Of the three principal operations laid out for the year 1755, that against Fort Duquesne ended, in a disastrous defeat for the English. The news of this defeat put an end to the expedition against Fort Niagara, through the discouragement which it produced. The third expedition, that against Crown Point, was more successful, and led to an engagement of such importance as to merit a special description. The forces selected for this purpose were militia-men from New England and New York, under the command of a prominent New Yorker named William Johnson, a man of great influence with the Five Nations. All his influence and endeavors, however, only induced about three hundred of them to enlist for the expected battle.
WHILE the British colonists were preparing to attack Crown Point, the French of Canada were preparing to defend it. Duquesne, recalled from his post, had resigned the government to the Marquis de Vaudreuil, who had at his disposal the battalions of regulars that had sailed in the spring from Brest under Baron Dieskau. His first thought was to use them for the capture of Oswego; but the letters of Braddock, found on the battle-field, warned him of the design against Crown Point, while a reconnoitring party which had gone as far as the Hudson brought back news that Johnson's forces were already in the field. Therefore the plan was changed, and Dieskau was ordered to lead the main body of his troops, not to Lake Ontario, but to Lake Champlain. He passed up the Richelieu, and embarked in boats and canoes for Crown Point. The veteran knew that the foes with whom he had to deal were but a mob of countrymen. He doubted not of putting them to rout, and meant never to hold his hand till he had chased them back to Albany. "Make all haste," Vaudreuil wrote to him; " for when you return we shall send you to Oswego to execute our first design."
Johnson, on his part, was preparing to advance. In July about three thousand provincials were encamped near Albany, some on the "Flats" above the town, and some on the meadows below. Hither, too, came a swarm of Johnson's Mohawks,-warriors, squaws, and children. They adorned the general's face with war-paint, and he danced the war-dance; then with his sword he cut the first slice from the ox that had been roasted whole for their entertainment. "I shall be glad," wrote the surgeon of a New England regiment, "if they fight as eagerly as they ate their ox and drank their wine."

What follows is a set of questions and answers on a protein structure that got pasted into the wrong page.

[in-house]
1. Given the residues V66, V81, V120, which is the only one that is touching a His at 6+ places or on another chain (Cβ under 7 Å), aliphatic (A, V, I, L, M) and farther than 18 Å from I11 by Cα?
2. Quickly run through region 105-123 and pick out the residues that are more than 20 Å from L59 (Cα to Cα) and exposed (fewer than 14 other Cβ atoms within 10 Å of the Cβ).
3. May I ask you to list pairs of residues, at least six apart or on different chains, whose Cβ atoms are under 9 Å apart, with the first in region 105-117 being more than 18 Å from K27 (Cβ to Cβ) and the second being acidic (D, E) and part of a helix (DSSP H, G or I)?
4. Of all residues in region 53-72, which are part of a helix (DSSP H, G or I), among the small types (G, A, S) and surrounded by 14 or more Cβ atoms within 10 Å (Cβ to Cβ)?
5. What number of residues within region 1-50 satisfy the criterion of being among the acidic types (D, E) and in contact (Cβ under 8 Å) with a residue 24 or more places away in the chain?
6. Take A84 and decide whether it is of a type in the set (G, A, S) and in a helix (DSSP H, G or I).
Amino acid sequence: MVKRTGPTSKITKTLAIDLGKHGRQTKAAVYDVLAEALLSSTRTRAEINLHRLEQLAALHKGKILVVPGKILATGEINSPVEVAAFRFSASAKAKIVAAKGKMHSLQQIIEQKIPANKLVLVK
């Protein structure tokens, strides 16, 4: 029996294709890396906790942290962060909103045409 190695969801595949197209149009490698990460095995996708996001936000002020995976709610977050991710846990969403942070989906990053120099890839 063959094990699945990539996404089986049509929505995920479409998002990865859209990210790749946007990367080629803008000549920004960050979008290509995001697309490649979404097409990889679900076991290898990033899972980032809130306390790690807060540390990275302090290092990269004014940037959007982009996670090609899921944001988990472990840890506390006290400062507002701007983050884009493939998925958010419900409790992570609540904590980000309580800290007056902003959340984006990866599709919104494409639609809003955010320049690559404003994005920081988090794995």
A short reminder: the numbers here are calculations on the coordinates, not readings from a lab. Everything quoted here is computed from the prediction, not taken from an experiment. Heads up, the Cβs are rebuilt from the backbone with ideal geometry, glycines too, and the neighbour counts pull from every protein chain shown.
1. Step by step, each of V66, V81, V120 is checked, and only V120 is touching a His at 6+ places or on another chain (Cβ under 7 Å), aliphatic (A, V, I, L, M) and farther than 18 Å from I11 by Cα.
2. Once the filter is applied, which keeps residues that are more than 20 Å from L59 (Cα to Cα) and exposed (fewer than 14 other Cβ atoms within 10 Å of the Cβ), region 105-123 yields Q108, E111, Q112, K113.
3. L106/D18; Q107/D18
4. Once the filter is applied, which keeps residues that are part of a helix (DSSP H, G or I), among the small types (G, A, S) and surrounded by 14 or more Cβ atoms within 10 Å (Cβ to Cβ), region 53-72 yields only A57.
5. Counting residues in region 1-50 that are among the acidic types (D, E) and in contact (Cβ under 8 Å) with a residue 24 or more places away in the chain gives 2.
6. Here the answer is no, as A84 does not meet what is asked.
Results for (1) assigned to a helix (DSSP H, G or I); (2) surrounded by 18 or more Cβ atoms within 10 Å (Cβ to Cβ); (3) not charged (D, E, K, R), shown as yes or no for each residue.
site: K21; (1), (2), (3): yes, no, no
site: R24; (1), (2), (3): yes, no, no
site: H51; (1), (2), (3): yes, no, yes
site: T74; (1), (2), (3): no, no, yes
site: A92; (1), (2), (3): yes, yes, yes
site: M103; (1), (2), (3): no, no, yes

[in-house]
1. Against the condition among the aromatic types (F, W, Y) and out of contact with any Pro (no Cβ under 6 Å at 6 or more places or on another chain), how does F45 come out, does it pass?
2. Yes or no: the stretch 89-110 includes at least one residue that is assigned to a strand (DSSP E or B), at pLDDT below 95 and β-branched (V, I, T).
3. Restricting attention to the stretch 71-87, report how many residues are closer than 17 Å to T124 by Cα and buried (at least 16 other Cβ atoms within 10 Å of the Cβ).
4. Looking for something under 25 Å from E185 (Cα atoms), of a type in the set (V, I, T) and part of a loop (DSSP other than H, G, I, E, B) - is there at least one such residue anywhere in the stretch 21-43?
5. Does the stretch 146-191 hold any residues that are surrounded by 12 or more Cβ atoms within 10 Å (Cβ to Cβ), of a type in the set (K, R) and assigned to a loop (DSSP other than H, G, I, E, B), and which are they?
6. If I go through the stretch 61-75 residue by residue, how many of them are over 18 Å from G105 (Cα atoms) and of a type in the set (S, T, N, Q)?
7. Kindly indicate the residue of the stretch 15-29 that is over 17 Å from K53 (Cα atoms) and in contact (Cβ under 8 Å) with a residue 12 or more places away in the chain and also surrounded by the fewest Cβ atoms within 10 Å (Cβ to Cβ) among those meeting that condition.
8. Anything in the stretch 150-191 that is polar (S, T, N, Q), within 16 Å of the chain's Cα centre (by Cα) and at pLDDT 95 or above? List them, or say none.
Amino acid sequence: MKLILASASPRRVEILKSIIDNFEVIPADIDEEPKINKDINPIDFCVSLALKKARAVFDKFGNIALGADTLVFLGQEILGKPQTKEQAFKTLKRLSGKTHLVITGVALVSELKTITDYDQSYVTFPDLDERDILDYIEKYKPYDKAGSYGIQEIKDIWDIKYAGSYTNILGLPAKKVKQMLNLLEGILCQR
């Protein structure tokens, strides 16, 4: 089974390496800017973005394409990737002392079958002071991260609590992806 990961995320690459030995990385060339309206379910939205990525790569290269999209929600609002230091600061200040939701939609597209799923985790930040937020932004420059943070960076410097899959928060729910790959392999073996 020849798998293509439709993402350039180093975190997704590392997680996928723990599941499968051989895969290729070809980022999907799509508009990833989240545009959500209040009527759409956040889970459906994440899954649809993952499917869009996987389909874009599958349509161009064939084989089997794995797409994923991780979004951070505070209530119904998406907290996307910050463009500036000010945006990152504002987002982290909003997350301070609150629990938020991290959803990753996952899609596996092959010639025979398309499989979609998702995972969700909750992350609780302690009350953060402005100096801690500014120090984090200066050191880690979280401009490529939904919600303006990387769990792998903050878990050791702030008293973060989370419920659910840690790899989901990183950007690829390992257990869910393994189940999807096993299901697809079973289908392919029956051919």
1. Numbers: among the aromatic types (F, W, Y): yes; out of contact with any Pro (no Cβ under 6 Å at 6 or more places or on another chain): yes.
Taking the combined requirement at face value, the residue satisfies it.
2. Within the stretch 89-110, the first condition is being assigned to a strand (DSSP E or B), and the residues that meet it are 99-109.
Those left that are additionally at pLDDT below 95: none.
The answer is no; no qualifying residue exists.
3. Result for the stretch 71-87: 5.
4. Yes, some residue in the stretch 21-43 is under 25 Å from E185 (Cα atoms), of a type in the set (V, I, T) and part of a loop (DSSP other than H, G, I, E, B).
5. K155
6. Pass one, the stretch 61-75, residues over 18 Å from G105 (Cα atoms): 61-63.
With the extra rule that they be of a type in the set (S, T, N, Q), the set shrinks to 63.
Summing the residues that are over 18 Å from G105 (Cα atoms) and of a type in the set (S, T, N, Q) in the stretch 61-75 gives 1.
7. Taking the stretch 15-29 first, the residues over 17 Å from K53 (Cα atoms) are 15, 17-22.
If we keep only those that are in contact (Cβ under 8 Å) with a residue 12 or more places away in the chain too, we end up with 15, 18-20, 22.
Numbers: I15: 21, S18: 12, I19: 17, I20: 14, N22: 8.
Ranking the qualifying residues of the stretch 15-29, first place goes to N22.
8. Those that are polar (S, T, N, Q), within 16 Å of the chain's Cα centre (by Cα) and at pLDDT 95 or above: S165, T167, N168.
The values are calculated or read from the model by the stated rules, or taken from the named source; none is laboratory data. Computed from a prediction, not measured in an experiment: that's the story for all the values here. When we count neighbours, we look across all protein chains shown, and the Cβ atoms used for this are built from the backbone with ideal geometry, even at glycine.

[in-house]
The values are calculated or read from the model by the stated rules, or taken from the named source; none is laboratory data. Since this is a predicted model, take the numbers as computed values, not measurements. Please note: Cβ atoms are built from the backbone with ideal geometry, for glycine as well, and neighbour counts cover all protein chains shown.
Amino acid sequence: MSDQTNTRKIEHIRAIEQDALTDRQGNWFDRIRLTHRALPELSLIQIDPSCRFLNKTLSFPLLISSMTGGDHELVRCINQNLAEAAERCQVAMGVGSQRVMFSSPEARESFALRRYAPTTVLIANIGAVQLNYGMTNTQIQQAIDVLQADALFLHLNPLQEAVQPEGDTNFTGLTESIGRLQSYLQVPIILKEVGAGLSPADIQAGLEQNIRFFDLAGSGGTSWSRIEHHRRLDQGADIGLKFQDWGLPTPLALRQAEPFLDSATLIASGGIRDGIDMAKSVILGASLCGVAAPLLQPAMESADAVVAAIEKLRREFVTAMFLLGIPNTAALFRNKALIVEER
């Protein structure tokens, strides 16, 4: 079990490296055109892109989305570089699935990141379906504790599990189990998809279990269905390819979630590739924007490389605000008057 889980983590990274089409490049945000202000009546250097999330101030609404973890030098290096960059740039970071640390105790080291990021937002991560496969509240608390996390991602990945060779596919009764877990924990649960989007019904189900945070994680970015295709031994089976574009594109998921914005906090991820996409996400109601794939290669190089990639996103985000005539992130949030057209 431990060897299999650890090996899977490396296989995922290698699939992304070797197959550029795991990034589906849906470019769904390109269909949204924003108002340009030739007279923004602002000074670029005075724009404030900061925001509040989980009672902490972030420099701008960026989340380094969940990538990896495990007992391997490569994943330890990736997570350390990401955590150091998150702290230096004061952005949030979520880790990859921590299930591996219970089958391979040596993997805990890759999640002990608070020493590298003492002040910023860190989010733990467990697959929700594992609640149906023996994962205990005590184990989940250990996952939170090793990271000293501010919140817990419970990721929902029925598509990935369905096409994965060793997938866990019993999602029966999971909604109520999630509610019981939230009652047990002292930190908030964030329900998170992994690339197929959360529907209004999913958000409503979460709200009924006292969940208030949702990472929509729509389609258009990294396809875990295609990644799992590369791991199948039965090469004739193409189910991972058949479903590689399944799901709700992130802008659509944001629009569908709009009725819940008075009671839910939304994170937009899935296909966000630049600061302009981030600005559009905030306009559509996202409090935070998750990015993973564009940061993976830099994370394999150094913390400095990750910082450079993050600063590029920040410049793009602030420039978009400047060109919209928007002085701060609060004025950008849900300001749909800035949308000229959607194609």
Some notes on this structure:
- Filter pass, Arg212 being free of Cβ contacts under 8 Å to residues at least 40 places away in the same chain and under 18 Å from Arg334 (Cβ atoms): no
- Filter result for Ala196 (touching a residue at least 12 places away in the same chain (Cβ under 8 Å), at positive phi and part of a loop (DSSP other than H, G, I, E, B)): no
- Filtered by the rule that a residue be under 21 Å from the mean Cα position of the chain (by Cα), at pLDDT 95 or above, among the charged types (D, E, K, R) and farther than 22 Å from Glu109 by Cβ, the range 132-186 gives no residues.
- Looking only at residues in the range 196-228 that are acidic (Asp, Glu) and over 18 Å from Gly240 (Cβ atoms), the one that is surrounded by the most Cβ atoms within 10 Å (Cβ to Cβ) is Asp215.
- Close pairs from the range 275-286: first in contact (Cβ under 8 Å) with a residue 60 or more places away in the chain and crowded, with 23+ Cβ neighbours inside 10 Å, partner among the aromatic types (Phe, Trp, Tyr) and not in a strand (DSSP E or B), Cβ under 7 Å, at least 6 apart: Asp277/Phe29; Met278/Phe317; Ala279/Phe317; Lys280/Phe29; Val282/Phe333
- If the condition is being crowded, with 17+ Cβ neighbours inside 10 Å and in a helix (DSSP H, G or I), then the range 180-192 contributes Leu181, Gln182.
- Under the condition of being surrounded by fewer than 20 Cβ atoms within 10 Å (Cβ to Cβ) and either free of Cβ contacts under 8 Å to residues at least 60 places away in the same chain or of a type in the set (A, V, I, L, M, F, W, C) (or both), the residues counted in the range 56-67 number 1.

The soldiers were no soldiers, but farmers and farmers' sons who had volunteered for the summer campaign. One of the corps had a blue uniform faced with red. The rest wore their daily clothing. Blankets had been served out to them by the several provinces, but the greater part brought their own guns; some under the penalty of a fine if they came without them, and some under the inducement of a reward. They had no bayonets, but carried hatchets in their belts as a sort of substitute. At their sides were slung powder-horns, on which, in the leisure of the camp, they carved quaint devices with the points of their jack-knives. They came chiefly from plain New England homesteads,-rustic abodes, unpainted and dingy, with long well-sweeps, capacious barns, rough fields of pumpkins and corn, and vast kitchen-chimneys, above which in winter hung squashes to keep them from frost, and guns to keep them from rust.
Mohawk scouts who had been sent to Canada returned with the report that eight thousand men were marching to defend Crown Point. Indecision followed, but it was finally resolved to march to Lake George.
The train of Dutch wagons, guarded by the homely soldiery, jolted slowly over the stumps and roots of the newly-made road, and the regiments followed at their leisure. The hardships of the way were not without their consolations. The jovial Irishman who held the chief command made himself very agreeable to the New England officers. "We went on about four or five miles," says Pomeroy in his Journal, "then stopped, ate pieces of broken bread and cheese, and drank some fresh lemon-punch and the best of wine with General Johnson and some of the field-officers." It was the same on the next day. "Stopped about noon and dined with General Johnson by a small broke under a tree; ate a good dinner of cold boiled and roast venison; drank good fresh lemon-punch and wine."